Open Port Indicator?

Peter Whittaker pwwnow at
Fri Mar 16 12:48:01 UTC 2007

On Thu, 2007-15-03 at 14:14 +0100, Soren Hansen wrote:
> I asked for a use case where it made sense to allow access without any
> form of authentication.
> If no one comes up with a proper use case I'll just hack together a patch
> that makes it impossible.

There are at least four use cases, each of which requires a different
level of authentication/access.

UC1:	Jen needs remote access to her machine. Remote authentication
	should be (at least) the same as local authentication, i.e.,
	userid and password. This should be the default option when
	enabling Remote Desktop (e.g., "Enable remote desktop for known
	users, or for known user X, userid and password required").

	By default, this setting would persist across sessions. This
	could be disabled, making it one time only (that is, until
	logout or reboot).

	As an improvement, there could be a time filter ("during these
	hours only"), a domain filter (yes, spoofable, but perhaps of
	value), an IP or Mac filter (ditto), etc.

UC2:	Bif needs assistance with a problem and invites a remote friend
	to connect and "drive", so Bif can watch and learn. In this
	case, Remote Desktop could prompt the current local user to
	enable the connection from the remote friend (e.g., an "Enable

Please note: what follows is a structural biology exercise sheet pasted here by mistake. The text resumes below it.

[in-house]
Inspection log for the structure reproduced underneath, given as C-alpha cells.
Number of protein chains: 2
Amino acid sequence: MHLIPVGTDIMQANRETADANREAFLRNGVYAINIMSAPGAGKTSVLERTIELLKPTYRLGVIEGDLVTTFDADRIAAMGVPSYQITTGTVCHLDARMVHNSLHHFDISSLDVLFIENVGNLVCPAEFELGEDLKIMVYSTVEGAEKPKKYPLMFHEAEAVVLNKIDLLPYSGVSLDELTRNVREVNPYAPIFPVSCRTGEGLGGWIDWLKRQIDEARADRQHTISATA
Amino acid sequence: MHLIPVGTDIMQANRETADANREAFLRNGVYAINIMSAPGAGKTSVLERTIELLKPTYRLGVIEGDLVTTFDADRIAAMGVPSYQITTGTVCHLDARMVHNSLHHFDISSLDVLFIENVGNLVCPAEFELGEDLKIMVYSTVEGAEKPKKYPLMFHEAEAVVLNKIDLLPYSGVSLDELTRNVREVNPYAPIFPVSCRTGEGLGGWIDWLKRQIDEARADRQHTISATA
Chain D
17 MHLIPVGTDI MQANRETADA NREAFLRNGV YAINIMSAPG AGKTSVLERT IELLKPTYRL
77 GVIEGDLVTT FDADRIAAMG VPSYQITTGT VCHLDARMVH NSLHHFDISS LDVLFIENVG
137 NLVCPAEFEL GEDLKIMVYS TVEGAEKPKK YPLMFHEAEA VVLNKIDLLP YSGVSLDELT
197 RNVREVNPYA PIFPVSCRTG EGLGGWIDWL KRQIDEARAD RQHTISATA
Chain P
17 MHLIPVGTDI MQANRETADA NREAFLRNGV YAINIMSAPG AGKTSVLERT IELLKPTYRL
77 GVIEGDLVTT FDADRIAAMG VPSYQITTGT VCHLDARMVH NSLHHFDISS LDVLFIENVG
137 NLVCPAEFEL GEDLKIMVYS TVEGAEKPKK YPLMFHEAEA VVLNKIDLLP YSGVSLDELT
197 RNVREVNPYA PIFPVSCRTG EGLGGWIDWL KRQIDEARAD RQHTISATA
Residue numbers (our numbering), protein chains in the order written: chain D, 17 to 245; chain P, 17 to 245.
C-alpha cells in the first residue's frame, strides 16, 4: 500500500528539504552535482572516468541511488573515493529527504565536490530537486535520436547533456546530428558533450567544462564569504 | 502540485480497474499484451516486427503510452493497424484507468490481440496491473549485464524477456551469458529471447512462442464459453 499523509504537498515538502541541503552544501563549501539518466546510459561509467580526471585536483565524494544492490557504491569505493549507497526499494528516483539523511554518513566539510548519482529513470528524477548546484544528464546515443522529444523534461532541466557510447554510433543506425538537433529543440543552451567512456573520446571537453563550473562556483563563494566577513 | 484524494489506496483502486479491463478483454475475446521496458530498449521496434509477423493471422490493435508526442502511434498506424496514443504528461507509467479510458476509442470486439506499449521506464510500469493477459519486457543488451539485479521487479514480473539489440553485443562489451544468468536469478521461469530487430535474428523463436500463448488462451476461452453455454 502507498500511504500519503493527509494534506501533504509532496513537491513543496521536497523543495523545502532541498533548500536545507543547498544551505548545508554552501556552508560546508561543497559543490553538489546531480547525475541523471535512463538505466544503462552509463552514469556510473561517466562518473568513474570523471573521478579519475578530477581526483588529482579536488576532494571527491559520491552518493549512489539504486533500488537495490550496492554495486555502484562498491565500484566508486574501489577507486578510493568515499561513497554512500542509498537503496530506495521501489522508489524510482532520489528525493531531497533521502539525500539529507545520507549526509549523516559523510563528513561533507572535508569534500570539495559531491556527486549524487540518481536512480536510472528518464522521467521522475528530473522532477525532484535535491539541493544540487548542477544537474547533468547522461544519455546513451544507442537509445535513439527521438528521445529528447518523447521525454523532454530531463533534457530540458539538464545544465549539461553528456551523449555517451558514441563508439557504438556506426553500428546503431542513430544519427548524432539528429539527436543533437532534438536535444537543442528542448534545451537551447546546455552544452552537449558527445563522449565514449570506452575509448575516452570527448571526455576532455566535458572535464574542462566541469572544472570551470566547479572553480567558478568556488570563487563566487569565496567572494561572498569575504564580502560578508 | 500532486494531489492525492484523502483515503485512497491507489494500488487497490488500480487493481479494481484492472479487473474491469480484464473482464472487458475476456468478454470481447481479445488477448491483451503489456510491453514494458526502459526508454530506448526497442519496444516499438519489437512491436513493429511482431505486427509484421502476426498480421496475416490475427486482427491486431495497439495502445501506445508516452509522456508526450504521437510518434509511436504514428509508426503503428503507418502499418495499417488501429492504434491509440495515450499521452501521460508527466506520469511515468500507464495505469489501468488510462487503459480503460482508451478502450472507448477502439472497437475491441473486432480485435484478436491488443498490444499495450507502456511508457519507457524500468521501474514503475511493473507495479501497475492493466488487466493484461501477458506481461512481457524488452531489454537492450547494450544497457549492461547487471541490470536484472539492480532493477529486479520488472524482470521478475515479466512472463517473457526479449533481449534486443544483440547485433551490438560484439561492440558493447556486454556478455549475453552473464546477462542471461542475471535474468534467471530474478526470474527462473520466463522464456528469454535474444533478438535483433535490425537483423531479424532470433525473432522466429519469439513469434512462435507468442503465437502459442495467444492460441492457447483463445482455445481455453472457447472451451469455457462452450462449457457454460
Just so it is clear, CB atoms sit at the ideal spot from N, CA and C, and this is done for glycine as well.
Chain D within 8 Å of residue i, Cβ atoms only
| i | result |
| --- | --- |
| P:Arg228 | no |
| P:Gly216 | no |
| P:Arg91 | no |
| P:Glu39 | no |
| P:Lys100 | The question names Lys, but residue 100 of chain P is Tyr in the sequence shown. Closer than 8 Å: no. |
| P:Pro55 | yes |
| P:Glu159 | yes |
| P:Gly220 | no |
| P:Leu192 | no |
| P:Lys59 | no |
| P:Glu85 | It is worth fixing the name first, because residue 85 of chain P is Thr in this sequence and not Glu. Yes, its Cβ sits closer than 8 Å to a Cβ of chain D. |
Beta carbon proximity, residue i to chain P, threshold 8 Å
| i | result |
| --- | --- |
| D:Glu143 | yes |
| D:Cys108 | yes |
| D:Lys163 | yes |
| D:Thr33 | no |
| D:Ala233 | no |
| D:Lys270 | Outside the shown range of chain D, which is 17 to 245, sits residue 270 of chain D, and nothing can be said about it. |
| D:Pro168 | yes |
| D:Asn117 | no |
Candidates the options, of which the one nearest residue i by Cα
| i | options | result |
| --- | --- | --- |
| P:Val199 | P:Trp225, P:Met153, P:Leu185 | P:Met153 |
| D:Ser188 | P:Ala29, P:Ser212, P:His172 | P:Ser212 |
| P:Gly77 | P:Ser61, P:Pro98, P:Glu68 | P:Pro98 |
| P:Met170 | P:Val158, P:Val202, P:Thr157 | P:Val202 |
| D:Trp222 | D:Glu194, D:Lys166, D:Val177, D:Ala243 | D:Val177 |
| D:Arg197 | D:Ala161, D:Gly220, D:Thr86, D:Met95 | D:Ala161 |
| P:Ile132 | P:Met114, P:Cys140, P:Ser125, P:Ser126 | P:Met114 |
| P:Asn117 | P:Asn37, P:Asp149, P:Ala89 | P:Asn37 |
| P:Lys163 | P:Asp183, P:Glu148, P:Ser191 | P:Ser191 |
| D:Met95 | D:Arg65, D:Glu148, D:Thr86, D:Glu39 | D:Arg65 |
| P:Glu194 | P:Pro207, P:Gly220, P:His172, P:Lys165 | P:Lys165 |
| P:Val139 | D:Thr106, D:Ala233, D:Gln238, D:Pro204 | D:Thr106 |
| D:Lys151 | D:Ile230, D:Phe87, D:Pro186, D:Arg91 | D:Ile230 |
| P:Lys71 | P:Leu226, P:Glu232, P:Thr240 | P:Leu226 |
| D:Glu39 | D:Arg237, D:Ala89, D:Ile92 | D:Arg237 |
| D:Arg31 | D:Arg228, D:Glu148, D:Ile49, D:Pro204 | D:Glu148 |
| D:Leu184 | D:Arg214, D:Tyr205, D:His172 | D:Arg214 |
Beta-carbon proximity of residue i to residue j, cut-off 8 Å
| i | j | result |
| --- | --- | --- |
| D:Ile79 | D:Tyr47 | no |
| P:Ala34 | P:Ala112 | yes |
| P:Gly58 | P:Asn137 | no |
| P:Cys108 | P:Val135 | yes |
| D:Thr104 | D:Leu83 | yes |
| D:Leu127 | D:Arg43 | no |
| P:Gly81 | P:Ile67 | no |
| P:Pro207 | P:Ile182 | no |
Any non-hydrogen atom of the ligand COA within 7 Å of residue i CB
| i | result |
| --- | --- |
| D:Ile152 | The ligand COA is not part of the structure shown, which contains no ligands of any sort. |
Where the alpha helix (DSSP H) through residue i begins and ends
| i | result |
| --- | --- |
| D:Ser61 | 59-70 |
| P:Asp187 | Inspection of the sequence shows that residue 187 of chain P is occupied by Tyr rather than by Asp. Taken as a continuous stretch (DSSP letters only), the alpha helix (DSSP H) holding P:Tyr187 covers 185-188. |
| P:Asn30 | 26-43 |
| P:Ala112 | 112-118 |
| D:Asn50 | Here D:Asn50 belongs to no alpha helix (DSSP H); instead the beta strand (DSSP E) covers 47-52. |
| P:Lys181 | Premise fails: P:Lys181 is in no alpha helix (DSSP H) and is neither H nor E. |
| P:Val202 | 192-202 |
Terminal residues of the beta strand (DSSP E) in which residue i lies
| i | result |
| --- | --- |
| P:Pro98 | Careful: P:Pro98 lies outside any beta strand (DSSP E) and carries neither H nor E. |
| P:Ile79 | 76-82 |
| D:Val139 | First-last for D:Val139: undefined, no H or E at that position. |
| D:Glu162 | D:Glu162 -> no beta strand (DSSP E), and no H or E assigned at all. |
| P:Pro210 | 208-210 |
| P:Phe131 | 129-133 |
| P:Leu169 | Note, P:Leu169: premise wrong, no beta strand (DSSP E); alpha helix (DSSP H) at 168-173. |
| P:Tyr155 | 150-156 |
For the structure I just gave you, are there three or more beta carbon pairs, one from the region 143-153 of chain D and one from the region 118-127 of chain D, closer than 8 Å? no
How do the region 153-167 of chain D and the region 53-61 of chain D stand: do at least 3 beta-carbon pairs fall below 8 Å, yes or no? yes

remote assistance" option, where each connection is vetted by
	the current local user ("Someone is accessing your machine from
	A.B.C.D - do you wish to permit this connection?") "No" or no
	answer within X seconds means no; yes means yes; a third option
	could be yes, for Y minutes (max value 30, after 30, prompt

	When the current sessions ends (logout, reboot, etc.), Remote
	Desktop returns to its default, disabled. In other words, if
	Bif had previously enabled UC1, he must reenable explicitly
	after using UC2.

UC3:	Fritz is setting up a classroom or other contained environment,
	and wishes to be able to access all local machines quickly and
	easily (for whatever reason). He selects "Enable Remote Desktop
	without authentication", is warned this is potentially risky,
	and is then prompted to enter the shutoff time/period, i.e.,
	the time/period after which Remote Access will be disabled and
	will return to the default of no access.

	Remote Access reverts to disabled after logout/reboot.

UC4:	Barbara is a security researcher setting up a honeypot. She
	wants to enable Remote Access without authentication. This is
	a special case of UC3: No authentication, no time limit. She
	selects no time/period, is asked to confirm this is what she
	really meant, perhaps even twice, three times, whatever makes
	us comfortable.

UC1 and UC2 would require no additional authentication (userid and
password in UC1, local confirmation in UC2). UC3 and UC4 could require
root privileges, e.g., require the use of gksudo. This would reduce the
likelihood of just some person taking advantage of an unlocked local

Alternatively, UC[1234] could require the user to authenticate
themselves when enabling the option, further reducing this risk.


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